• 27 July 2005. "Drinks adverts told 'no sexy men'" at BBC News. Accessed 27 July 2005.
  • Federal Trade Commission. Alcohol Marketing and Advertising: A Report to Congress. Washington, DC: Federal Trade Commission, 2003.
  • Fisher, Joseph C. Advertising, Alcohol Consumption, and Abuse: A Worldwide Survey. Westport, CT: Greenwood Press, 1993, p. 150.
  • Frankena, M., Cohen, M., Daniel, T., Ehrlich, L., Greenspun, N., and Kelman, D. Alcohol Advertising, Consumption and Abuse. In: Federal Trade Commission. Recommendations of the Staff of the Federal Trade Commission: Omnibus Petition for Regulation of Unfair and Deceptive Alcoholic Beverage Marketing Practices, Docket No. 209-46. Washington, DC: Federal Trade Commission, 1985.
  • Sanders, James. Alcohol Advertisements Do Not Encourage Alcohol Abuse Among Teens. In: Wekesser, Carol (ed.) Alcoholism. San Diego, CA: Greenhaven Press, 1994. Pp. 132–135, p. 133.

External links[edit]

Bans on Cigarette Advertising Does NOT Stop Smoking

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Bans on Cigarette Advertising Does NOT Stop Smoking

     Since 1971, the cigarette industry has not been allowed to advertise on radio and television. However, the ban has not worked as well as it was planned to work. The reasons are that advertisements are not the primary reason that teens take up smoking. Another reason is that the industry has gotten around the ban by using forms of hidden advertising and corporate sponsorship. The industry has also heavily relied on the print media to advertise its product. Smoking has become influential due to many different forms of advertising.

     Up until 1971, cigarettes had been advertised like any other consumer product, but health concerns led to a government-imposed ban on broadcast advertising. “July 27, 1965, Congress approved the Federal Cigarette Labeling and Advertising Act. The Federal Cigarette Labeling Act and Advertising Act was passed to establish a comprehensive program to deal with cigarette labeling and advertising” (Holak 220). “This law made it impossible for any person to manufacture, import or package cigarettes without the following statement clearly labeled on the box: Caution: Cigarette Smoking May Be Hazardous To Your Health” (Altman 95). Any person or company that was found guilty of violating this Act upon conviction was subject to a fine of not more then ten thousand dollars. Cigarettes manufactured or packaged for export form the United States were not required to label this. The Federal Cigarette Labeling and Advertising Act took effect on January 1, 1996.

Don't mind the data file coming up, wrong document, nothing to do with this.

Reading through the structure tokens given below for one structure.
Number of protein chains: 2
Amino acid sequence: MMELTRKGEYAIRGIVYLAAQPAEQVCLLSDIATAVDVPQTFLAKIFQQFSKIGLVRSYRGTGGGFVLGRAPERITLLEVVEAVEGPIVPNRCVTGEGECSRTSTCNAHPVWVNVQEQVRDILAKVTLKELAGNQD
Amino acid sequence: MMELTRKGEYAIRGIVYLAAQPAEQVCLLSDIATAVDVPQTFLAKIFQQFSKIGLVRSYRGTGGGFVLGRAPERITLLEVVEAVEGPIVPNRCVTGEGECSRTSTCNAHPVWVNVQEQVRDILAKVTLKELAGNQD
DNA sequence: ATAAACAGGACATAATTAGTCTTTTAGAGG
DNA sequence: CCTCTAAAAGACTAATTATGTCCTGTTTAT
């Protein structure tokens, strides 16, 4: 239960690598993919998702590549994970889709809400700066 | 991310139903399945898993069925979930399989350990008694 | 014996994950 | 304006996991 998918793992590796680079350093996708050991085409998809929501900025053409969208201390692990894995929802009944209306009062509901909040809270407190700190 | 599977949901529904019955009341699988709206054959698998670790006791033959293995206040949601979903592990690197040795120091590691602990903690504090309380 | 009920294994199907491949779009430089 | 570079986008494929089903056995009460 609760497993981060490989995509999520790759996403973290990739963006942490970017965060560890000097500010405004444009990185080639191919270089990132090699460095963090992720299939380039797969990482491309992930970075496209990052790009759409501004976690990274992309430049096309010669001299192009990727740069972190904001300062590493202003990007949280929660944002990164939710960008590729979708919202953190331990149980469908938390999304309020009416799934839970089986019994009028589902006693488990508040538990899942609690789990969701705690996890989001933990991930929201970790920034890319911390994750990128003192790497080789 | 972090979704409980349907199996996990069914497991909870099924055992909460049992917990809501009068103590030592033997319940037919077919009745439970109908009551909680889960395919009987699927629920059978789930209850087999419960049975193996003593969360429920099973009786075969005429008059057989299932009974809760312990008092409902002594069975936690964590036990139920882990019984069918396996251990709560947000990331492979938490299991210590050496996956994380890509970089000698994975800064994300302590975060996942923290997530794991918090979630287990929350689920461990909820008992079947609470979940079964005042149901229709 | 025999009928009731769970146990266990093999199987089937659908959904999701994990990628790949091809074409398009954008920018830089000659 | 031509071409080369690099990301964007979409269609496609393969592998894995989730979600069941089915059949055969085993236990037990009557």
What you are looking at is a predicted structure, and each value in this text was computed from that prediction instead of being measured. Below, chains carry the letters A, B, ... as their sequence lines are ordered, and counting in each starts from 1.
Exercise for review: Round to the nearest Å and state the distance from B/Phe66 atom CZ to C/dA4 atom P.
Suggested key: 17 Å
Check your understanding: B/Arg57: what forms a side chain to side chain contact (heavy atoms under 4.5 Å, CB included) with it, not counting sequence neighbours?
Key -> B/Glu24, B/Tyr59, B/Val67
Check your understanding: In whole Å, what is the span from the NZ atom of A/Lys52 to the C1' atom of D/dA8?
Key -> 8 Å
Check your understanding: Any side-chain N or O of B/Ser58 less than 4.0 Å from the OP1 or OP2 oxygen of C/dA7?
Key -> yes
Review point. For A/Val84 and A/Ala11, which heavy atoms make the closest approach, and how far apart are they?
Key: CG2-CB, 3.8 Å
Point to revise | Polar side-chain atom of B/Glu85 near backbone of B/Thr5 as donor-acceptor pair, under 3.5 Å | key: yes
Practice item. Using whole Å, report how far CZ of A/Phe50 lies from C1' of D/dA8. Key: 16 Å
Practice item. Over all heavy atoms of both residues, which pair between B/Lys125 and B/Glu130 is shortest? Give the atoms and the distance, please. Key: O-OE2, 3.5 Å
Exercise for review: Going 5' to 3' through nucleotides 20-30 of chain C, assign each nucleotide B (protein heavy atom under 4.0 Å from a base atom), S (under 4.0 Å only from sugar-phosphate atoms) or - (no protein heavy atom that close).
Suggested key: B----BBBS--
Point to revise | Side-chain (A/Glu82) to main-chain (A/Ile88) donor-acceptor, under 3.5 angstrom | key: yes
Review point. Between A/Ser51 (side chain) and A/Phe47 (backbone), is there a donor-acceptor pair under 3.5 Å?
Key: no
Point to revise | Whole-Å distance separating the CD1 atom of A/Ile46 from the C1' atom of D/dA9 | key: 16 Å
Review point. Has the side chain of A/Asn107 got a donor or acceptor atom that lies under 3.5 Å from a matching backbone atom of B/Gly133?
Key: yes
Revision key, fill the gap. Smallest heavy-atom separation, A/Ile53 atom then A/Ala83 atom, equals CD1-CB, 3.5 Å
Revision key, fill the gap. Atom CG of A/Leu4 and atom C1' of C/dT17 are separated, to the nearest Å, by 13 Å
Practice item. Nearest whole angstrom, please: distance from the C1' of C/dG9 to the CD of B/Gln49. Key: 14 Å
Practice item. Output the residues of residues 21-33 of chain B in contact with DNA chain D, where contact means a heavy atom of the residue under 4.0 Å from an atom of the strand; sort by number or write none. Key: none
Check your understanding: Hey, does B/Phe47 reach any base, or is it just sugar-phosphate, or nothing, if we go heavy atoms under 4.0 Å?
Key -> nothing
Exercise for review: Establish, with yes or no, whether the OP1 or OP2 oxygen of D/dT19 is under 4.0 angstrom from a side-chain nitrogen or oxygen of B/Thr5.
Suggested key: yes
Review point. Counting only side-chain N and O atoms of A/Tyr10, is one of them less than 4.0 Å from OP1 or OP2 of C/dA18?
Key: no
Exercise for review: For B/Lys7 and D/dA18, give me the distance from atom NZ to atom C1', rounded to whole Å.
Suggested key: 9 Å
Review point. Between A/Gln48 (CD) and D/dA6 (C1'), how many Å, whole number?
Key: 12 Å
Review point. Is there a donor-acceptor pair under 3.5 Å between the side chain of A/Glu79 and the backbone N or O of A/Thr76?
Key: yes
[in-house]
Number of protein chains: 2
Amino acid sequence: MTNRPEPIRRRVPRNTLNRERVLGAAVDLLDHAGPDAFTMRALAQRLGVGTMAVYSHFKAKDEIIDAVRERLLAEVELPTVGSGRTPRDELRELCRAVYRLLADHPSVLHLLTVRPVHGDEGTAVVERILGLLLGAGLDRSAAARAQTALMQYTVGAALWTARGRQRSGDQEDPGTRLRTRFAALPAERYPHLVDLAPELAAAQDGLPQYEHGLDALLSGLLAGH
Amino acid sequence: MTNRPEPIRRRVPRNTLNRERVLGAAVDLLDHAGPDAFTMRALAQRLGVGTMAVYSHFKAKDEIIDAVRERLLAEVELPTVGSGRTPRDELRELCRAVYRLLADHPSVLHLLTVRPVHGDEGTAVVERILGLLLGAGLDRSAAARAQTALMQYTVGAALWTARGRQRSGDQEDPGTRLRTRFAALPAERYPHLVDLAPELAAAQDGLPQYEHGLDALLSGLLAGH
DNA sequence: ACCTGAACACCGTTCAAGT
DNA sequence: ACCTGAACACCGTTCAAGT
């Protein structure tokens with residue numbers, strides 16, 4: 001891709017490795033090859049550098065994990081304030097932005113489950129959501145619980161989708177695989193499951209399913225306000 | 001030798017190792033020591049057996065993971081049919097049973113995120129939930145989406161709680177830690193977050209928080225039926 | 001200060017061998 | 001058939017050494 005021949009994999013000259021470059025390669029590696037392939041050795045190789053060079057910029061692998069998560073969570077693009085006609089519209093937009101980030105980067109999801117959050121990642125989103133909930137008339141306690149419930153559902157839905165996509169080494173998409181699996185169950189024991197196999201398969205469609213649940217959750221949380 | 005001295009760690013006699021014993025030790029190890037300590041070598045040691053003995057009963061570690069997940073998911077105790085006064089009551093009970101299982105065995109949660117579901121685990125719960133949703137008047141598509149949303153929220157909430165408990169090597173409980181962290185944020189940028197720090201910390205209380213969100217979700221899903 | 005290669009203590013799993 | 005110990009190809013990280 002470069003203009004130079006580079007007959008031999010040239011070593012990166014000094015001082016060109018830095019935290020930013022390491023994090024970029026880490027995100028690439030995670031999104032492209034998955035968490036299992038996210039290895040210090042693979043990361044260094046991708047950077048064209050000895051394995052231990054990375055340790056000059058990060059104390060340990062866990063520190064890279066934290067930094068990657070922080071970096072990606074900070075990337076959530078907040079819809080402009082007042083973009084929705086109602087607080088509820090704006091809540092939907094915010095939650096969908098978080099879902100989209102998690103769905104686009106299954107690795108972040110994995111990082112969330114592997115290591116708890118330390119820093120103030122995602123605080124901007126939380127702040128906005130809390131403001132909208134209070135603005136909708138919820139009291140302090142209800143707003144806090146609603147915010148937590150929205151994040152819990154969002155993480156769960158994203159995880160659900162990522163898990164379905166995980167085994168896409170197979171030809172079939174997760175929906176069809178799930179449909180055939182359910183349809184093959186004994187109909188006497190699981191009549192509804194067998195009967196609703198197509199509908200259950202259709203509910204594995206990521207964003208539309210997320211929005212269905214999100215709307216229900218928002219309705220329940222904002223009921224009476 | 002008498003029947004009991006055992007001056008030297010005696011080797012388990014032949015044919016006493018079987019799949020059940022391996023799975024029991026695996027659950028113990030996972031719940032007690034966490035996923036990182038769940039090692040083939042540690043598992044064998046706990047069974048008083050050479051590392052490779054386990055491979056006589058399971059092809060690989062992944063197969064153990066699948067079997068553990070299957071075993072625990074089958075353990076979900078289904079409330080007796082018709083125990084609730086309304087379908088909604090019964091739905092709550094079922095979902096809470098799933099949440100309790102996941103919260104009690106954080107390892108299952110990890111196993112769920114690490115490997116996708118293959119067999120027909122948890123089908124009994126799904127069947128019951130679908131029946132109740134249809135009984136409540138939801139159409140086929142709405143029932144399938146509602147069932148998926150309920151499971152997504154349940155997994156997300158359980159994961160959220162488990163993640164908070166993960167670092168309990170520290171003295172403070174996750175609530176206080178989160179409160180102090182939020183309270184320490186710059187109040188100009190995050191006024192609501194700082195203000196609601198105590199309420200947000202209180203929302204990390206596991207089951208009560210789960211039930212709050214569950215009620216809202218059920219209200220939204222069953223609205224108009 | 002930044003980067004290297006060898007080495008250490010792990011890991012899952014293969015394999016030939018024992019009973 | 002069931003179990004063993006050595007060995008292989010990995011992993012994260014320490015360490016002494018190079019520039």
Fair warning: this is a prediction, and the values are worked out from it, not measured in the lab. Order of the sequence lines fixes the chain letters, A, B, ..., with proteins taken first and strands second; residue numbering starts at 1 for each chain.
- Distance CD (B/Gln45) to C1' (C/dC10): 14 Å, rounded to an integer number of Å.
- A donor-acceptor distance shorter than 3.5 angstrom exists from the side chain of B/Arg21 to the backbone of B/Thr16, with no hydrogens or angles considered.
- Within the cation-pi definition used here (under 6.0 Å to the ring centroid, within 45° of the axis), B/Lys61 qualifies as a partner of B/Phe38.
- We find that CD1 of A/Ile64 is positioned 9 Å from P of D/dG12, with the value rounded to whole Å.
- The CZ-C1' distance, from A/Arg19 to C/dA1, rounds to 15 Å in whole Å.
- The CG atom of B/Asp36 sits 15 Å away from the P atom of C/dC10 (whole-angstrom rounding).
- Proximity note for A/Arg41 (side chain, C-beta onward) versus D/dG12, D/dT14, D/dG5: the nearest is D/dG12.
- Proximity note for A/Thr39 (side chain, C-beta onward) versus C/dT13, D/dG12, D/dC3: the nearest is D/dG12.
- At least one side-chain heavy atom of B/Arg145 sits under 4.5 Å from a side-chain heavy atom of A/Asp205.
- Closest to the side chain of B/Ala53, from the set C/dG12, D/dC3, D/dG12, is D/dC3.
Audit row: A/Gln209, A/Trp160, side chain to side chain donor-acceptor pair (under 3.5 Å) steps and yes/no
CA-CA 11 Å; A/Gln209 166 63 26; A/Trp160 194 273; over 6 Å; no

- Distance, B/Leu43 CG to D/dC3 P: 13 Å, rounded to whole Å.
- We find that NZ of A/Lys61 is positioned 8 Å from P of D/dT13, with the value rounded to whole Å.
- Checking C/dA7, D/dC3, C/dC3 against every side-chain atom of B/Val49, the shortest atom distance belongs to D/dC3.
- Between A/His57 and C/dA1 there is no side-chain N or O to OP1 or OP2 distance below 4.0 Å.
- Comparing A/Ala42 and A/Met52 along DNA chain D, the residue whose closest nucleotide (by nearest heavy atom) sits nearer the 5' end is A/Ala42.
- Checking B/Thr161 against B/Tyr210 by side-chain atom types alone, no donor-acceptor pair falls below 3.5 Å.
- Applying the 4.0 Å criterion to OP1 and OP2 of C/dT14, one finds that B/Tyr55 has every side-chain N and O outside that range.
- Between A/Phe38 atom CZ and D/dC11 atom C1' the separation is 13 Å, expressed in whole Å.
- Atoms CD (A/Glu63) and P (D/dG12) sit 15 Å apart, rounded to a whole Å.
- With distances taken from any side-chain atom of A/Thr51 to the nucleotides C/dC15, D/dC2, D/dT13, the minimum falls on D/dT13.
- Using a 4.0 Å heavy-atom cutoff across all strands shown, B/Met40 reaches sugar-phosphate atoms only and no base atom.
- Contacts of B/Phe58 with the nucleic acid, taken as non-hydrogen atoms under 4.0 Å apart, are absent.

Four years later, Congress approved another Act: the Public Health Cigarette Smoking Act of 1996. There were two major changes. First, the statement required on cigarette packages was changed to “Warning: The Surgeon General Has Determined That Cigarette Smoking Is Dangerous To Your Health” (Altman 97). Second, it stated that after January 1, 1971 it shall be unlawful to advertise cigarettes on any medium of electronic communication.

     Fifteen years later, Congress approved the comprehensive Smoking Education Act. This Act was yet another amendment to the Federal Cigarette Labeling and Advertising Act. Once again the statement required that all cigarette packages to be changed. The packages must now have one of the following labels: “SURGEON GENERAL’S WARNING: Smoking Causes Lung Cancer, Heart Disease, Emphysema, And May Complicate Pregnancy” or “SURGEON GENERAL’S WARNING: Quitting Smoking Now Greatly Reduces Serious Risks To Your Health” or “SURGEON GENERAL’S WARNING: Smoking By Pregnant Women May Result In Fetal Injury, Premature Birth, And Low Birth Weight” and lastly “SURGEON GENERAL’S WARNING: Cigarette Smoke Contains Carbon Monoxide” (Brann 10).

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Stop Smoking         Cigarette Advertising         Bans         Health Concerns         Cigarette Smoking         Print Media        

The main purpose for this was to provide a new strategy for making American’s aware of any adverse health effects of smoking and to make individuals more informed about smoking and its risks.